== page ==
Subject: Re: JBoss aquired by Red Hat
From: "Stephen J. Turnbull" <turnbull@sk.tsukuba.ac.jp>
Date: Sun, 30 Apr 2006 23:48:59 +0900

>>>>> "simo" == simo  <s@ssimo.org> writes:

    simo> And that is exactly what happens, if you dear to read my
    simo> comments in full you will find out that I stated more than
    simo> once that the Customer receives the software under the GPL.

Tom's point, however, is that Consultant also has GPL obligations if
he received a distribution of the original work.  Those obligations
apply to distributions of his code to 3rd parties other than Customer.

This is precisely why the GPL insists that you are obligated to third
parties, as well as your Customer, in the case of binary-only
distributions.

So Tom's point is, if Consultant delivers code, in violation of his
NDA, to a third party, and the third party delivers that code to a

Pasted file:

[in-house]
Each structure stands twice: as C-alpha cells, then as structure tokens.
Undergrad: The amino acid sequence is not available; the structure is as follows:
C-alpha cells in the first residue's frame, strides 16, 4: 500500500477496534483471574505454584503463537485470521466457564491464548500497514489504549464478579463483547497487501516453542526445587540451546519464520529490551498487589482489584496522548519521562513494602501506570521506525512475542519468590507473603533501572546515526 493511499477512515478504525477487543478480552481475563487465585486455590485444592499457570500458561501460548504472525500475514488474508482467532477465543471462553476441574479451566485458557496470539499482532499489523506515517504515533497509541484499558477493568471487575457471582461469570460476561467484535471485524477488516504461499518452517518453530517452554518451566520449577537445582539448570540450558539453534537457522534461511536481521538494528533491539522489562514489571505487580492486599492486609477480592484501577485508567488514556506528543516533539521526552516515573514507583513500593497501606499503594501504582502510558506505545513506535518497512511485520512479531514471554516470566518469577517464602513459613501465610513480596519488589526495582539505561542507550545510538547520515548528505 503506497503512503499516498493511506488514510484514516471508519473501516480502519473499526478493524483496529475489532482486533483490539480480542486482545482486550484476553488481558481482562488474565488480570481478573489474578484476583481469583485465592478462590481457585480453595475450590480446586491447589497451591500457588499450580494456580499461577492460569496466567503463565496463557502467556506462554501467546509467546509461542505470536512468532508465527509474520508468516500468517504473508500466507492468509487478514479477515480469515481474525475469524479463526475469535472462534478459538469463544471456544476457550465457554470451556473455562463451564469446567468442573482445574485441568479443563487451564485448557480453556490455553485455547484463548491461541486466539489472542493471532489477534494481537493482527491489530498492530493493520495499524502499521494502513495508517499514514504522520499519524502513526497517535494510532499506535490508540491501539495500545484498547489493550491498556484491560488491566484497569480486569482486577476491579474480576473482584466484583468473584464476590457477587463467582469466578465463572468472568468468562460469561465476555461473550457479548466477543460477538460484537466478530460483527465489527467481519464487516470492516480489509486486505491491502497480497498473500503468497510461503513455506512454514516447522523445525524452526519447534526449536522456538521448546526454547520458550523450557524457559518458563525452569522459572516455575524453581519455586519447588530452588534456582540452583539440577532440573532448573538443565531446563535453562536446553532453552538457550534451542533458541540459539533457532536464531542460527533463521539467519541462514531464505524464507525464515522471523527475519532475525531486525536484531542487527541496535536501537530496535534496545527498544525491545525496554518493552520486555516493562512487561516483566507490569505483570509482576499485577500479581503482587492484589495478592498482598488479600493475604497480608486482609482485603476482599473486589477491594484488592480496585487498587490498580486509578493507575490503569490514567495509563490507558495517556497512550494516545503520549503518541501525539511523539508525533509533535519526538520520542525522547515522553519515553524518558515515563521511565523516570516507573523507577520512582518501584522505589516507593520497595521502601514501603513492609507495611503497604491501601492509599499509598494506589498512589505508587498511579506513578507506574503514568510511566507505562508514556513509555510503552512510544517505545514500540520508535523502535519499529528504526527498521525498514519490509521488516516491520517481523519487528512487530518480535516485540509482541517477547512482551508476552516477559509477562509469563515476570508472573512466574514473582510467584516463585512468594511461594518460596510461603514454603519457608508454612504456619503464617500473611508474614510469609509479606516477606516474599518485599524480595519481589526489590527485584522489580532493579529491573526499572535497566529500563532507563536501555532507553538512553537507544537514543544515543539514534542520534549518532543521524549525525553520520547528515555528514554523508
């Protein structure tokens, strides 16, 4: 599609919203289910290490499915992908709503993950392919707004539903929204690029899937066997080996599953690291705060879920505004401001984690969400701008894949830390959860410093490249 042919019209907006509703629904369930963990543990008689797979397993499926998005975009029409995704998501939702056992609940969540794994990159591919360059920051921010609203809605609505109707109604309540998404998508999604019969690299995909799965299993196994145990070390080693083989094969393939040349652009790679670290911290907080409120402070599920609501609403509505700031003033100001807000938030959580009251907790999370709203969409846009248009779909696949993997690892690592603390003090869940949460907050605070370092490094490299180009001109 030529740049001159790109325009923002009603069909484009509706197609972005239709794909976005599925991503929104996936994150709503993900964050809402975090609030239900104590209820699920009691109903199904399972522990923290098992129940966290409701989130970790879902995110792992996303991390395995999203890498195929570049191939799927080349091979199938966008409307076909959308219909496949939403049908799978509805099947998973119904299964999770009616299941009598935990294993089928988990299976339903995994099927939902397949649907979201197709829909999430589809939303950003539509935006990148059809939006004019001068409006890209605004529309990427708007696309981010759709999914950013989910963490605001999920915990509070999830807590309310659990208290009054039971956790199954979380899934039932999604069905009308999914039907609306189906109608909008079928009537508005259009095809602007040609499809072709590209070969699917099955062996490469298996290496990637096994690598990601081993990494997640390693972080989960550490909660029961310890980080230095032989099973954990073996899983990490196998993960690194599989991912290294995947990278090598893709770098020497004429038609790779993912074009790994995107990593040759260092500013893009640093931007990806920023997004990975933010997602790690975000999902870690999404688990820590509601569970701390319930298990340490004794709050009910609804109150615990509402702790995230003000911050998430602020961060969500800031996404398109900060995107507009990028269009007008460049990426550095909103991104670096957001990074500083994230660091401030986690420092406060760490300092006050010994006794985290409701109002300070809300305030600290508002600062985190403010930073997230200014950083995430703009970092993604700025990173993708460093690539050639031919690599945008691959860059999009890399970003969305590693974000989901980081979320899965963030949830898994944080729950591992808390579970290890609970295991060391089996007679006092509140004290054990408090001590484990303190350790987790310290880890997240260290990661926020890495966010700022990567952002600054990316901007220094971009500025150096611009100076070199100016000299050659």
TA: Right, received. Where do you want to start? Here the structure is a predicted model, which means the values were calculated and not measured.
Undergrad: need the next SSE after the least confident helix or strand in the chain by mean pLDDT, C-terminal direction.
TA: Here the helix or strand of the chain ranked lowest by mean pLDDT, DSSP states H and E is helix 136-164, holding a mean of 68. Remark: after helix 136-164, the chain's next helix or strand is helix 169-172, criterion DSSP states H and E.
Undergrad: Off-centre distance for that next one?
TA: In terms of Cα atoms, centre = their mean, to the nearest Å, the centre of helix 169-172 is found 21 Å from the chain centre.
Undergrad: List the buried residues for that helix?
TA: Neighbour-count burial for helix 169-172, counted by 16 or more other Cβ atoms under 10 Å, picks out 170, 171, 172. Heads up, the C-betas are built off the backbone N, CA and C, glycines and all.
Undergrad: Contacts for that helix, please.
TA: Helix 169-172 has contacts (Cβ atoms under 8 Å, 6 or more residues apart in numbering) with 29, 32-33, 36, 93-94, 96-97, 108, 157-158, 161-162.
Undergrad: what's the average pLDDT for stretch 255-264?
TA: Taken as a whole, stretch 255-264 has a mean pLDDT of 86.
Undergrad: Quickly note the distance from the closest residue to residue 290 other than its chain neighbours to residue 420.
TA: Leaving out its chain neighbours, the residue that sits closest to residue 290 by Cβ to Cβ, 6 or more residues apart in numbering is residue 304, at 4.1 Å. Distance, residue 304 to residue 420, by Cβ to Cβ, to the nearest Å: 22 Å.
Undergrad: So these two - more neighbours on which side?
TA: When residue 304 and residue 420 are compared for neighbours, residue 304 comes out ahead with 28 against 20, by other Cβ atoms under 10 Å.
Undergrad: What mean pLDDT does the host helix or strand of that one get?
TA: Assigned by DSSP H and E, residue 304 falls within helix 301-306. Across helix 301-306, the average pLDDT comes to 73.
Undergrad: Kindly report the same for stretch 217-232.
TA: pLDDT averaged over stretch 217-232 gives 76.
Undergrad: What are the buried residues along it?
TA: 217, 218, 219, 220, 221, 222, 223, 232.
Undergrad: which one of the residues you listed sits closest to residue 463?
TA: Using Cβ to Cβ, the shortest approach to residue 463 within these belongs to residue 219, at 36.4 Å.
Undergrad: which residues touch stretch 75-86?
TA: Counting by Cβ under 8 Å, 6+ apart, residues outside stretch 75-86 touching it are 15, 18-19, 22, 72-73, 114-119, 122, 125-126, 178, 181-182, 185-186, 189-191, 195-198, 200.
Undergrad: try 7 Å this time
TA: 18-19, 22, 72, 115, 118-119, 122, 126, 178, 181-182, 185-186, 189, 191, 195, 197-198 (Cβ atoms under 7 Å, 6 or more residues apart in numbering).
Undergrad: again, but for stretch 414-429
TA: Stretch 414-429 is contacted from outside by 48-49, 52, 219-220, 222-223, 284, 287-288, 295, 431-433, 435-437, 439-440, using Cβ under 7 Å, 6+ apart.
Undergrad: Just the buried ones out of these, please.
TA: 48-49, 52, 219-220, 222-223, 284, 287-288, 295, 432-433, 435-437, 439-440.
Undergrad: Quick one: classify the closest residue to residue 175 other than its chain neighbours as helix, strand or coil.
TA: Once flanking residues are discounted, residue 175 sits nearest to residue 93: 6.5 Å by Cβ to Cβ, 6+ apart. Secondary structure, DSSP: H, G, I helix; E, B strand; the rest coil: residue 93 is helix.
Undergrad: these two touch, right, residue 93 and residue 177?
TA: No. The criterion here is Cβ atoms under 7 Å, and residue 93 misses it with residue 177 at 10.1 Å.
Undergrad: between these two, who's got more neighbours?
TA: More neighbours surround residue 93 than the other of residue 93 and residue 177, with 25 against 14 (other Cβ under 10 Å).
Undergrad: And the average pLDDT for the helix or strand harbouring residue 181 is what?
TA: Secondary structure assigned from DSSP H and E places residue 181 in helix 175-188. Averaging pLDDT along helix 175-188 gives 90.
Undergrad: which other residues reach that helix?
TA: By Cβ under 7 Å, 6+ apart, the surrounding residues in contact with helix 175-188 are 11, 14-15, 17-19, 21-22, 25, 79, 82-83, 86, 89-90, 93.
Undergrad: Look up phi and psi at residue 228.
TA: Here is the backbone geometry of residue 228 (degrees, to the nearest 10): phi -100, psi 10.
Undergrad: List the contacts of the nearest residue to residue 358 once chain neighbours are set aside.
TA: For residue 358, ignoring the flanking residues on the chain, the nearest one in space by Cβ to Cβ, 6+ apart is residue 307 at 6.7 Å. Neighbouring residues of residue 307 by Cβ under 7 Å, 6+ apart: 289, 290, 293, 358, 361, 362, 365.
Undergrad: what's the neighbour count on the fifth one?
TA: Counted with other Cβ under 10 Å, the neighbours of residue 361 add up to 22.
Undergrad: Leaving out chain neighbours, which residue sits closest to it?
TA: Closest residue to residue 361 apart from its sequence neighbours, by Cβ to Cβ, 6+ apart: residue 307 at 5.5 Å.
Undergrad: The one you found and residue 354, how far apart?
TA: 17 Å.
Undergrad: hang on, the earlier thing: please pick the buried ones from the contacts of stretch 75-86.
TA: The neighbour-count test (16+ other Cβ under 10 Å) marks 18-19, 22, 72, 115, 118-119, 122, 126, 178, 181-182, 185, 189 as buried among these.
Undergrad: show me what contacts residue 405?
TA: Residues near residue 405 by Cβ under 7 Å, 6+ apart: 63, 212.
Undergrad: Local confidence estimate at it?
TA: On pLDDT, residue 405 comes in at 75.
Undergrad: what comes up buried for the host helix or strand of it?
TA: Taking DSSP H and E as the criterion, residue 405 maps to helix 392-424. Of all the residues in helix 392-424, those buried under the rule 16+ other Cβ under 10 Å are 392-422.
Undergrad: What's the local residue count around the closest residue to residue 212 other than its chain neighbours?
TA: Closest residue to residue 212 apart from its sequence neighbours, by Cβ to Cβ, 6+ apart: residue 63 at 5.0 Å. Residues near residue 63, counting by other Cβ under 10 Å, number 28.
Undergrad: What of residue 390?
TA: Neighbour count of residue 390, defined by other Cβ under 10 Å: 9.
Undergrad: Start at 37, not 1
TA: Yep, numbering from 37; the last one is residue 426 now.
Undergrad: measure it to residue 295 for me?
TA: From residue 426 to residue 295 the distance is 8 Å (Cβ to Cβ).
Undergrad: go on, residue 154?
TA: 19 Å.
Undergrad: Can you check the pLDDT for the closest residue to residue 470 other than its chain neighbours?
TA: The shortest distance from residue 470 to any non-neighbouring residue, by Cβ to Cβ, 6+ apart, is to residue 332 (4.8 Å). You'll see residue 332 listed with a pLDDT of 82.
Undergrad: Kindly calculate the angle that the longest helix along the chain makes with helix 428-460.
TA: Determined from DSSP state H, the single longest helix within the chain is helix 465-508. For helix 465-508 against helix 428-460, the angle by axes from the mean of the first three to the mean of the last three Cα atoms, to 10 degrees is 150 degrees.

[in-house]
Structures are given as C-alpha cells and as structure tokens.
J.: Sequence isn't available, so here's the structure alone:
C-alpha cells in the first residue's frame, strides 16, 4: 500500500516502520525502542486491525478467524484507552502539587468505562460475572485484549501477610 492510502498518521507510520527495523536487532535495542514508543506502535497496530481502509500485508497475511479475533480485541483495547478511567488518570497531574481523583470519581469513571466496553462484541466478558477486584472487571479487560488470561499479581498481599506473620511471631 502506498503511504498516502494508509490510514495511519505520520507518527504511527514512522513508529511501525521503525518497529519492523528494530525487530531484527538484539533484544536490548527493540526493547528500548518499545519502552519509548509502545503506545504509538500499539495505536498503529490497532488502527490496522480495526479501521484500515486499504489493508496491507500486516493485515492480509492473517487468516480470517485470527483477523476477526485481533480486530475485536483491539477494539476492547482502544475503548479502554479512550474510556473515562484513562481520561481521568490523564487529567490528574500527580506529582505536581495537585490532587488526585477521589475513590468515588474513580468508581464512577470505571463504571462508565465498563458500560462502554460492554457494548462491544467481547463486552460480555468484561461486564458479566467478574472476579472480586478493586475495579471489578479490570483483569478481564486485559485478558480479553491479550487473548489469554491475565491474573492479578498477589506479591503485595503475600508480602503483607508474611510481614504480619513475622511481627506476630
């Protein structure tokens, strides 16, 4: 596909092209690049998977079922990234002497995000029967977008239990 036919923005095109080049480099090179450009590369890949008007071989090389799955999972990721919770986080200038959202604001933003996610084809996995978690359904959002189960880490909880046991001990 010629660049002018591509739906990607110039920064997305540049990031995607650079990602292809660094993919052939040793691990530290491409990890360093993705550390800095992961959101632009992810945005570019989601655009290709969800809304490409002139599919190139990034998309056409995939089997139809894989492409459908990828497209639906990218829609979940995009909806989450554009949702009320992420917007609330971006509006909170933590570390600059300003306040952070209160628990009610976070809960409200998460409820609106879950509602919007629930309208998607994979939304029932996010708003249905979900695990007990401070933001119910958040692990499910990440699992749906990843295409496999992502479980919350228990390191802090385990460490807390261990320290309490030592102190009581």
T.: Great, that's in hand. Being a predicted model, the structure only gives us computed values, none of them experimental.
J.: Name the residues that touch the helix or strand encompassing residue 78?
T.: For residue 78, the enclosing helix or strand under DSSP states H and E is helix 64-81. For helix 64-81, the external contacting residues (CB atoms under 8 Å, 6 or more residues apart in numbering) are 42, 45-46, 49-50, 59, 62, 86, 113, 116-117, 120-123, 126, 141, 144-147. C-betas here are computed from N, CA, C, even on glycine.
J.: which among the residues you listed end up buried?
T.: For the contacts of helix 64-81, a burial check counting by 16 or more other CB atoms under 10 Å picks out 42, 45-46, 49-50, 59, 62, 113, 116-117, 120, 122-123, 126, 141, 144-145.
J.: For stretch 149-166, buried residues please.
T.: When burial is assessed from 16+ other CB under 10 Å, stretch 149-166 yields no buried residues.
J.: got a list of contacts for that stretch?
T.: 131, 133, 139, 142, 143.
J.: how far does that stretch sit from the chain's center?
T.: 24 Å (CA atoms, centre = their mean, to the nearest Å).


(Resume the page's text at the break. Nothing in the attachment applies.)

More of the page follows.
fourth party, does either the third party or the fourth party "receive
a distribution" in the sense relevant to Consultant's GPL obligations
to his upstream, or not?  Tom says yes, I say no.

    simo> The only way for Customer(B) to stop distribution of
    simo> [illegally propagated] code would be to, forehand, buy the
    simo> code copyrights out form Consultant(A) and never distribute
    simo> the combined work under the GPL but keep the modified code
    simo> internally.

The facts are otherwise.  Trade secrets are a form of intellectual
property protected under U.S. law, and objects or documents embodying
trade secrets can be taken away from you unless you received them with
the owner's permission.  It's not as open and shut as in copyright
law, but it is an available remedy in some cases.


-- 
Graduate School of Systems and Information Engineering   University of Tsukuba
http://turnbull.sk.tsukuba.ac.jp/        Tennodai 1-1-1 Tsukuba 305-8573 JAPAN
        Economics of Information Communication and Computation Systems
          Experimental Economics, Microeconomic Theory, Game Theory